Riverland Biosecurity

Mr PEDERICK (Hammond) (14:51): My question is to the Minister for Primary Industries and Regional Development. Can the minister update the house on the progress of the election commitment to install two new quarantine bins leading into the Riverland?

The Hon. T.J. WHETSTONE (Chaffey—Minister for Primary Industries and Regional Development) (14:51): Thank you, member for Hammond, and I thank him for his question.

Mr Malinauskas interjecting:

The SPEAKER: Is the leader still interjecting?

Members interjecting:

The SPEAKER Order!

The Hon. S.S. Marshall interjecting:

The SPEAKER Order! The Premier is warned. The member for Waite is warned for a second and final time. The member for Hammond is warned. The minister will be heard in silence. It is the end of the sitting week. I have no hesitation in sending members out of the chamber under 137A(1), if I must, to retain order. Minister.

The Hon. J.A.W. GARDNER: Point of order, Mr Speaker: I believe it is unparliamentary to be turning your back on the Speaker.

The SPEAKER: Yes it is, and I will watch carefully that that does not happen. Minister.

Members interjecting:

The SPEAKER: The minister will be heard in silence. Minister.

The Hon. T.J. WHETSTONE: I thank the member for Hammond for his very important question. It is all very well for the opposition to laugh about such an important question, because obviously you do not—

Members interjecting:

The SPEAKER Order!

The Hon. T.J. WHETSTONE: —understand what biosecurity means for food safety in this state and in this country. We have threats on our border on a daily basis, whether it be from fruit fly, whether it be from pests and weeds, whether it be from phylloxera to wine grapes, whether it be to the fishing sector. We have biosecurity threats every single day. What I do ask the opposition is, have you ever bitten into a peach and got a mouthful of maggots? We are so quiet now, so listen to the explanation.

Members interjecting:

The SPEAKER Order!

The Hon. T.J. WHETSTONE: Leading up to the election, the Marshall Liberal government made a commitment to further secure our borders from the invasive insect, the Queensland fruit fly. I am sure that the previous agriculture minister would understand the importance of biosecurity in South Australia. We hold being fruit fly free as one of the jewels in our production crown, particularly in the Riverland. Just recently, through negotiations with the state government and the federal government, we were given pest-free status into China. That has been a huge coup for South Australia. We are now the only state—not just the only mainland state—the only state in the country to be fruit fly free and that is—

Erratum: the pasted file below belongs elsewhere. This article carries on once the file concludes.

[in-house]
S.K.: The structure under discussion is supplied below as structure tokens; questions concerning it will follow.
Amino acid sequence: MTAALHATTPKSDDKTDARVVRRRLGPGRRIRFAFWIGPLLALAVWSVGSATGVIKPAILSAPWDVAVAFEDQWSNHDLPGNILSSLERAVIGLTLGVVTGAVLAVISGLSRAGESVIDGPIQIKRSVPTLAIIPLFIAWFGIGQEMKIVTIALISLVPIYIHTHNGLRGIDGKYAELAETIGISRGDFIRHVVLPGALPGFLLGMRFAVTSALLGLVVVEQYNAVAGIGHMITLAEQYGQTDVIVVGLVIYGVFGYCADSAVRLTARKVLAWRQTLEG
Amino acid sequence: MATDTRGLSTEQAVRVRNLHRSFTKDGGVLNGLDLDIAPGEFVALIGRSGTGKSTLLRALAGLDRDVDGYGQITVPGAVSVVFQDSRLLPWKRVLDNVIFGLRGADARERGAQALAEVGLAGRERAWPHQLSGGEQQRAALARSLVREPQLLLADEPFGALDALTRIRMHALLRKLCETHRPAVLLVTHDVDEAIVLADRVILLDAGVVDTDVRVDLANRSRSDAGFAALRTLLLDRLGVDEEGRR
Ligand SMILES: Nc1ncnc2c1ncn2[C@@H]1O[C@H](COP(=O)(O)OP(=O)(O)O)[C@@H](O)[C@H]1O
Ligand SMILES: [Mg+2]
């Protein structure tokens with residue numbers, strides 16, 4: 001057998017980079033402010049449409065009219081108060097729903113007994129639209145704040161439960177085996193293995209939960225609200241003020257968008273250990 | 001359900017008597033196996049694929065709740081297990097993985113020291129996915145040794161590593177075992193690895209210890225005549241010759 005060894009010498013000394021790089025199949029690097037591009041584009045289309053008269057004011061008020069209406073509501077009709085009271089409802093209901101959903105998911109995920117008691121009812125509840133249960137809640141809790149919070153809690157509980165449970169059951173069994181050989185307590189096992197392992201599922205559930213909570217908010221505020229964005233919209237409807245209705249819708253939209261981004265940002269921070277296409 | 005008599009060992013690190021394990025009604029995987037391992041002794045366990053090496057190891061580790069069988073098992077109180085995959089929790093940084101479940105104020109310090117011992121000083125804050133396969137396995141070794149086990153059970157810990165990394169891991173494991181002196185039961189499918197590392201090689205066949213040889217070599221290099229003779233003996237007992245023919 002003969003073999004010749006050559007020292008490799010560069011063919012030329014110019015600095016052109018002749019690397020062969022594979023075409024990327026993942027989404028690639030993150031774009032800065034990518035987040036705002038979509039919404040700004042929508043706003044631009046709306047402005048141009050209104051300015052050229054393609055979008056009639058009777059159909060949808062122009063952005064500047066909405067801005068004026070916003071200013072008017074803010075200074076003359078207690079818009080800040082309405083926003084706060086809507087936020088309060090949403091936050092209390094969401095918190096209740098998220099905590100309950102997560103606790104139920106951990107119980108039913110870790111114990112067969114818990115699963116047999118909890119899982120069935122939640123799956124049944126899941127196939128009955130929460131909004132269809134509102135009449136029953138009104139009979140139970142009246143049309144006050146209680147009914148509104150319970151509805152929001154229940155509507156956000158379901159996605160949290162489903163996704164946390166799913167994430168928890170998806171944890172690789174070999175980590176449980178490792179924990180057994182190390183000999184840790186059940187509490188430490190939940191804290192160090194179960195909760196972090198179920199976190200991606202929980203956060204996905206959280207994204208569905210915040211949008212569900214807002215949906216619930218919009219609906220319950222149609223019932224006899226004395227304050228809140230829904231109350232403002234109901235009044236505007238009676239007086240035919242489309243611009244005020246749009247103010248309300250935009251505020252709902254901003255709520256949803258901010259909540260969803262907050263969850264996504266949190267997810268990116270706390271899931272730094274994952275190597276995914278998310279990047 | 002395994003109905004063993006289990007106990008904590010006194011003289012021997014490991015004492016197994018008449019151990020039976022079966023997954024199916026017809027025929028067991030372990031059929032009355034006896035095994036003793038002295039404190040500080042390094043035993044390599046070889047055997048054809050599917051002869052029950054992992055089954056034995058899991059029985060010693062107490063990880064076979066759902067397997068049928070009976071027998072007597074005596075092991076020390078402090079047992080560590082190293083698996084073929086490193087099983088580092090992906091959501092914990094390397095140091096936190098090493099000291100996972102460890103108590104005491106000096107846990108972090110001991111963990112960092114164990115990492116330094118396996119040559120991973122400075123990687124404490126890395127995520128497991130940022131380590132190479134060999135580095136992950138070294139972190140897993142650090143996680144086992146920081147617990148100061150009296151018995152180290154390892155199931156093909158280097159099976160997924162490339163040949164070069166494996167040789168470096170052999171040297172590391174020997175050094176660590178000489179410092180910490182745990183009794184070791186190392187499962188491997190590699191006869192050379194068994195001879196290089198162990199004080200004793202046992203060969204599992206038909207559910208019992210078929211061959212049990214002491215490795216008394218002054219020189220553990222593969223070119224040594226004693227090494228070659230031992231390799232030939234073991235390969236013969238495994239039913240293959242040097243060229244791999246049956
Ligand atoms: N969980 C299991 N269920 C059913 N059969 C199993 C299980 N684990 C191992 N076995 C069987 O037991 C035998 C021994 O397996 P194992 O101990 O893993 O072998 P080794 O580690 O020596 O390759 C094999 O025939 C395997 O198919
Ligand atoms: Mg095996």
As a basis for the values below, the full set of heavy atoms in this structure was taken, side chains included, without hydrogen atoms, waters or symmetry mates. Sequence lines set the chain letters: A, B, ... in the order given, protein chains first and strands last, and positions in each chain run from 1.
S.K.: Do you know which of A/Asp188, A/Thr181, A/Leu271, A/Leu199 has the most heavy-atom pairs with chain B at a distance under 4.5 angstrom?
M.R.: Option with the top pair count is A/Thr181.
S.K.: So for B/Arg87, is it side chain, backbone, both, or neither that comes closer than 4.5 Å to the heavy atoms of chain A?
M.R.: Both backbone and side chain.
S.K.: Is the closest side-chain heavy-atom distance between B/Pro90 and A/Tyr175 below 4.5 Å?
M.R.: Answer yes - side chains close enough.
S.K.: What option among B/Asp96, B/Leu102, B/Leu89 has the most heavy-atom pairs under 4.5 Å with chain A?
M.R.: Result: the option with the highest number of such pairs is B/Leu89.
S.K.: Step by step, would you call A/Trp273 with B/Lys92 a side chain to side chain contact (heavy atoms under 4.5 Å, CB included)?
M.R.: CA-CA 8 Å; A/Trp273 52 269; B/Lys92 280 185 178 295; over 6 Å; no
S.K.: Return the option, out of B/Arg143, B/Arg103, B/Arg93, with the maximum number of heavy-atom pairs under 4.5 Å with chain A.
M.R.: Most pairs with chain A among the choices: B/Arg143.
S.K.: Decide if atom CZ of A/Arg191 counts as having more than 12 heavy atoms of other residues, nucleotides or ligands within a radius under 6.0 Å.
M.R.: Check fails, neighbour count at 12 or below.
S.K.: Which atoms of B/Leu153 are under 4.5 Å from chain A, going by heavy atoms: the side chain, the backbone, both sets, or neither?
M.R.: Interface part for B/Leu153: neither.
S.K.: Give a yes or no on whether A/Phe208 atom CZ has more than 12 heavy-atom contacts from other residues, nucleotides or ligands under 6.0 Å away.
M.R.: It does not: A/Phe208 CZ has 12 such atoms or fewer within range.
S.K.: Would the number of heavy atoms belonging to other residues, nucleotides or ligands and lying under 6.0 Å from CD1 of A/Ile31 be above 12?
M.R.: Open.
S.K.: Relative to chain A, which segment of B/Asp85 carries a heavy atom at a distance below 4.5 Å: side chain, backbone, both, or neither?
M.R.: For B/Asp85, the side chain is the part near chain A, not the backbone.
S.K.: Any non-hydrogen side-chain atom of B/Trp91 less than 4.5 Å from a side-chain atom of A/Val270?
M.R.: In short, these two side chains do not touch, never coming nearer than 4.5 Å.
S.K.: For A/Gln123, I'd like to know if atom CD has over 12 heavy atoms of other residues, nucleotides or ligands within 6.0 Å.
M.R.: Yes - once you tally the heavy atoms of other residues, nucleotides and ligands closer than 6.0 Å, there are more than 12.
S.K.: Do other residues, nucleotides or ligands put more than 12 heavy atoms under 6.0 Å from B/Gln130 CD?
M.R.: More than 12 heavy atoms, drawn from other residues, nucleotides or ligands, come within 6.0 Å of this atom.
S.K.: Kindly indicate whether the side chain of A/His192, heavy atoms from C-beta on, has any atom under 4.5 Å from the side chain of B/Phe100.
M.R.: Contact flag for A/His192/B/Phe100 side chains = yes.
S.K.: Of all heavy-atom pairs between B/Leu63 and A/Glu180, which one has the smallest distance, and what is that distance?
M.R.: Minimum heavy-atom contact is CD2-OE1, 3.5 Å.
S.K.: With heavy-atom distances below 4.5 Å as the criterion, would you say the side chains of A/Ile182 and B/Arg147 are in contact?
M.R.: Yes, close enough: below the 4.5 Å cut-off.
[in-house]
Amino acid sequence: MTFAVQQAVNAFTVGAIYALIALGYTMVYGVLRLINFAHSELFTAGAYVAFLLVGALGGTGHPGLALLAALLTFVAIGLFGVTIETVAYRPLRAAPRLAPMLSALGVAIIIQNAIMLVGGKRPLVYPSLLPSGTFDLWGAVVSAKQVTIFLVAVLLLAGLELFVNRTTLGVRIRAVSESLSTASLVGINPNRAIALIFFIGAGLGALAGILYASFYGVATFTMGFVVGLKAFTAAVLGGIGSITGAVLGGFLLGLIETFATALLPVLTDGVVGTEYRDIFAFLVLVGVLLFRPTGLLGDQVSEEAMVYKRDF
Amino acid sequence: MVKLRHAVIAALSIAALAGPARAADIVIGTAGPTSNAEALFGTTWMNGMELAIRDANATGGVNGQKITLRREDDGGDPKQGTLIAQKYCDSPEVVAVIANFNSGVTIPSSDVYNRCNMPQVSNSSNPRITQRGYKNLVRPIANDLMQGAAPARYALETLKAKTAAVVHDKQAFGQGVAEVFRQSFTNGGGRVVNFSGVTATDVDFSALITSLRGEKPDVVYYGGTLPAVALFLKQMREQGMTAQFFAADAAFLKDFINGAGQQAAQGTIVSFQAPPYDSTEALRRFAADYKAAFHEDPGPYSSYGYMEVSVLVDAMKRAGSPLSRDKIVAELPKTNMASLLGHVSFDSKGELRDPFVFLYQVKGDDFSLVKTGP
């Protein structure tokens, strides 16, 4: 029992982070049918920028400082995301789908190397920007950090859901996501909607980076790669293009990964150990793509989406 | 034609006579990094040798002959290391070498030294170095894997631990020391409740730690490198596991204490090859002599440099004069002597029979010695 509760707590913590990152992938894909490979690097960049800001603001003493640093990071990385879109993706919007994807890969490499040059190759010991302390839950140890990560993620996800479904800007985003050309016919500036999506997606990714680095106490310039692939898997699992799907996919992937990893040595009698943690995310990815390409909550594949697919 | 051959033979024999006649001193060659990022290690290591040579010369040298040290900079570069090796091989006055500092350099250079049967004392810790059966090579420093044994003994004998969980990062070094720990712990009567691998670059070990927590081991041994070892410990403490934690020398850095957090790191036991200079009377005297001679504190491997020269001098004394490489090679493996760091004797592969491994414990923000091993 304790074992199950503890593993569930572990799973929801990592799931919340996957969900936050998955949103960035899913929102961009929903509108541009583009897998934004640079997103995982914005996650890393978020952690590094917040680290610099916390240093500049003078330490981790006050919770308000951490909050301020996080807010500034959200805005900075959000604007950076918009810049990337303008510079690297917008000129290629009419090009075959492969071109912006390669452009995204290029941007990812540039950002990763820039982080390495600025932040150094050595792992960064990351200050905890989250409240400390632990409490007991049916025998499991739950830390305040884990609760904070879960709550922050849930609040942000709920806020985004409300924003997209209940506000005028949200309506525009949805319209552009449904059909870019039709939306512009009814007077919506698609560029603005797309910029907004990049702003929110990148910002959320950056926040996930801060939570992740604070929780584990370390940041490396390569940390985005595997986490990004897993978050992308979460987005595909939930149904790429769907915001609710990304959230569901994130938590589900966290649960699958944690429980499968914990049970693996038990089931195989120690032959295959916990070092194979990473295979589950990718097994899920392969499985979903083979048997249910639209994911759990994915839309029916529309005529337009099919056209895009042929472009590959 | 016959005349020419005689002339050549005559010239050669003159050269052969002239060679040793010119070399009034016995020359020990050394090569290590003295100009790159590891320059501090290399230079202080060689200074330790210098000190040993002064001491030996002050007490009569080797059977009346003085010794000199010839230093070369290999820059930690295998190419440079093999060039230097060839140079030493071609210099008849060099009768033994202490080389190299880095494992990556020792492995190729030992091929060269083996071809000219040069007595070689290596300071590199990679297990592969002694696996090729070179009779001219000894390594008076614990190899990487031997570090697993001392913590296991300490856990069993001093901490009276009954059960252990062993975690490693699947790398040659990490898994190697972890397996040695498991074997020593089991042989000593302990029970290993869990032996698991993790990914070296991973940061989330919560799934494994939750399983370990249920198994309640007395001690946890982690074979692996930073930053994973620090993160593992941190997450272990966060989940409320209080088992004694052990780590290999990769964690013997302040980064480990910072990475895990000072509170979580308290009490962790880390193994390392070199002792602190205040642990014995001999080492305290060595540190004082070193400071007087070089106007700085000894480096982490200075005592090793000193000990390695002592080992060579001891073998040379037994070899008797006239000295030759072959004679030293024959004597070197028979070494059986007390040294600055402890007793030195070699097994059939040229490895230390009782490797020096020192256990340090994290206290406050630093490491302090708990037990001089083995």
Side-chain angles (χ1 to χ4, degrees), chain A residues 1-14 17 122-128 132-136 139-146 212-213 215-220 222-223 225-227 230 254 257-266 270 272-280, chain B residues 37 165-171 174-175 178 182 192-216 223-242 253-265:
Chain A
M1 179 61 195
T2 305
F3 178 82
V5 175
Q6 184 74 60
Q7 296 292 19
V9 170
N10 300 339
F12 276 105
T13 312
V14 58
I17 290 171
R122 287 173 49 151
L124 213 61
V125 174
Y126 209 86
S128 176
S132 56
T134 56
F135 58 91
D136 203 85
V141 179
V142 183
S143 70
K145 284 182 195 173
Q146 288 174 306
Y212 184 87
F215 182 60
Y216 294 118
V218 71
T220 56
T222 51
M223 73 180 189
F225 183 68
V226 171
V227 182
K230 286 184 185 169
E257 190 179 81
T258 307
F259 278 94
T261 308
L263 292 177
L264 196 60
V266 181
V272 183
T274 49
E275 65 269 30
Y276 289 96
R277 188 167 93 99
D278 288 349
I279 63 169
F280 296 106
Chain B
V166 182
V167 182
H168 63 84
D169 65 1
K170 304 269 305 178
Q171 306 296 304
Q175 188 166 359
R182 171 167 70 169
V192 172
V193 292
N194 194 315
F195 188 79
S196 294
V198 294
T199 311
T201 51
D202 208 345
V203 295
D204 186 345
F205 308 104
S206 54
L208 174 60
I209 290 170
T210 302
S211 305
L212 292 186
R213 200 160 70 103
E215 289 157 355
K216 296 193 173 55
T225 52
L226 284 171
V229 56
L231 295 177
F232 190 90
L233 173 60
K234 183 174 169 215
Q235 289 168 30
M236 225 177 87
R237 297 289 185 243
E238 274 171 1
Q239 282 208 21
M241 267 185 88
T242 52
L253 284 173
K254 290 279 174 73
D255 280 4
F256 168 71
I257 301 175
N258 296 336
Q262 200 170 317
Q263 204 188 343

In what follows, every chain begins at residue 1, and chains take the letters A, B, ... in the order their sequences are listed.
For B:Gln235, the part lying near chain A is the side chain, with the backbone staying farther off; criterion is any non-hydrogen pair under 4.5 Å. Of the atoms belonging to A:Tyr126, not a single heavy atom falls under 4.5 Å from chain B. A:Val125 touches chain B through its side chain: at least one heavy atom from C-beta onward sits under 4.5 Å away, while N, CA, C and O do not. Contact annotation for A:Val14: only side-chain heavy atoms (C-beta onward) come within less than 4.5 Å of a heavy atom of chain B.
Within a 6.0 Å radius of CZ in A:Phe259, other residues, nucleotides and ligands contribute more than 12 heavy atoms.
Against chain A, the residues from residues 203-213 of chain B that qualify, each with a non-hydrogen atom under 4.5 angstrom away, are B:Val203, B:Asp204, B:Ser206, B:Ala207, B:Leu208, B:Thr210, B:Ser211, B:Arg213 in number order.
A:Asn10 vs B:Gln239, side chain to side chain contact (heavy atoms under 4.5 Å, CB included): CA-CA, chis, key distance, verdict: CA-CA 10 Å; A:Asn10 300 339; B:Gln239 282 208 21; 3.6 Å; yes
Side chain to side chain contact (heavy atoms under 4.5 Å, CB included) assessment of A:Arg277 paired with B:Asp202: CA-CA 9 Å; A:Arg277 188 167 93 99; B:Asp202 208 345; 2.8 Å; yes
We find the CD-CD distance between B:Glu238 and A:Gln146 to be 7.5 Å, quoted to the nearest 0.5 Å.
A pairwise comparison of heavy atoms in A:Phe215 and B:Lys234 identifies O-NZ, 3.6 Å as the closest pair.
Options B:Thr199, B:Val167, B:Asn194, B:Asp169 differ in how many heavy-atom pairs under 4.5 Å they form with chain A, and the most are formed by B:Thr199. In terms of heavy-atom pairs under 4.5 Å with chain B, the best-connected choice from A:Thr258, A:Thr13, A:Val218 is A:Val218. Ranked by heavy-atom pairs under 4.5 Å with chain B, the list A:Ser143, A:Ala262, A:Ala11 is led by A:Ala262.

Members interjecting:

The SPEAKER Order!

The Hon. T.J. WHETSTONE: What I will say is that the South Australian Liberal government has seen the necessity to further bolster our biosecurity needs with regard to fruit fly. We will install more fruit fly bins on two of the arterial roads leading into the Riverland. The Riverland is one of the largest horticulture production areas in this state. It is the engine room of the wine industry. It is a huge economic driver to South Australia's economy, and it is a market advantage into international and domestic markets.

It's really important to understand that the bins come with a package, and that package will be that we will see more signage and better education programs—and that makes Biosecurity SA's job just that little bit easier. But they will be relentless. They will make sure that those random roadblocks are upheld; they will make sure that those education programs are put in place to complement this Liberal government's initiative to further bolster biosecurity in this state. I cannot overemphasise how important it is to make sure that the world knows that South Australia has a fruit fly-free status. It's important to note that our international markets are watching every day as to whether there are incursions with fruit fly.

That message that goes to them rings alarm bells in those markets to make sure that they are buying produce that is clean, green and, more importantly, safe—that when they buy a box of peaches, when they buy any food product out of this state, it has a gold-clad guarantee of being fruit fly free. As I have said, it's critically important that we all spread the message that we have to be vigilant with cleaning up fruit around the trees, making sure our monitoring traps are monitored and making sure that Biosecurity has the resources it needs to keep this state's reputation second to none. I will say that the Marshall Liberal government has underpinned biosecurity here in South Australia, and I expect that we will do more because there is always more to be done to uphold our reputation with biosecurity.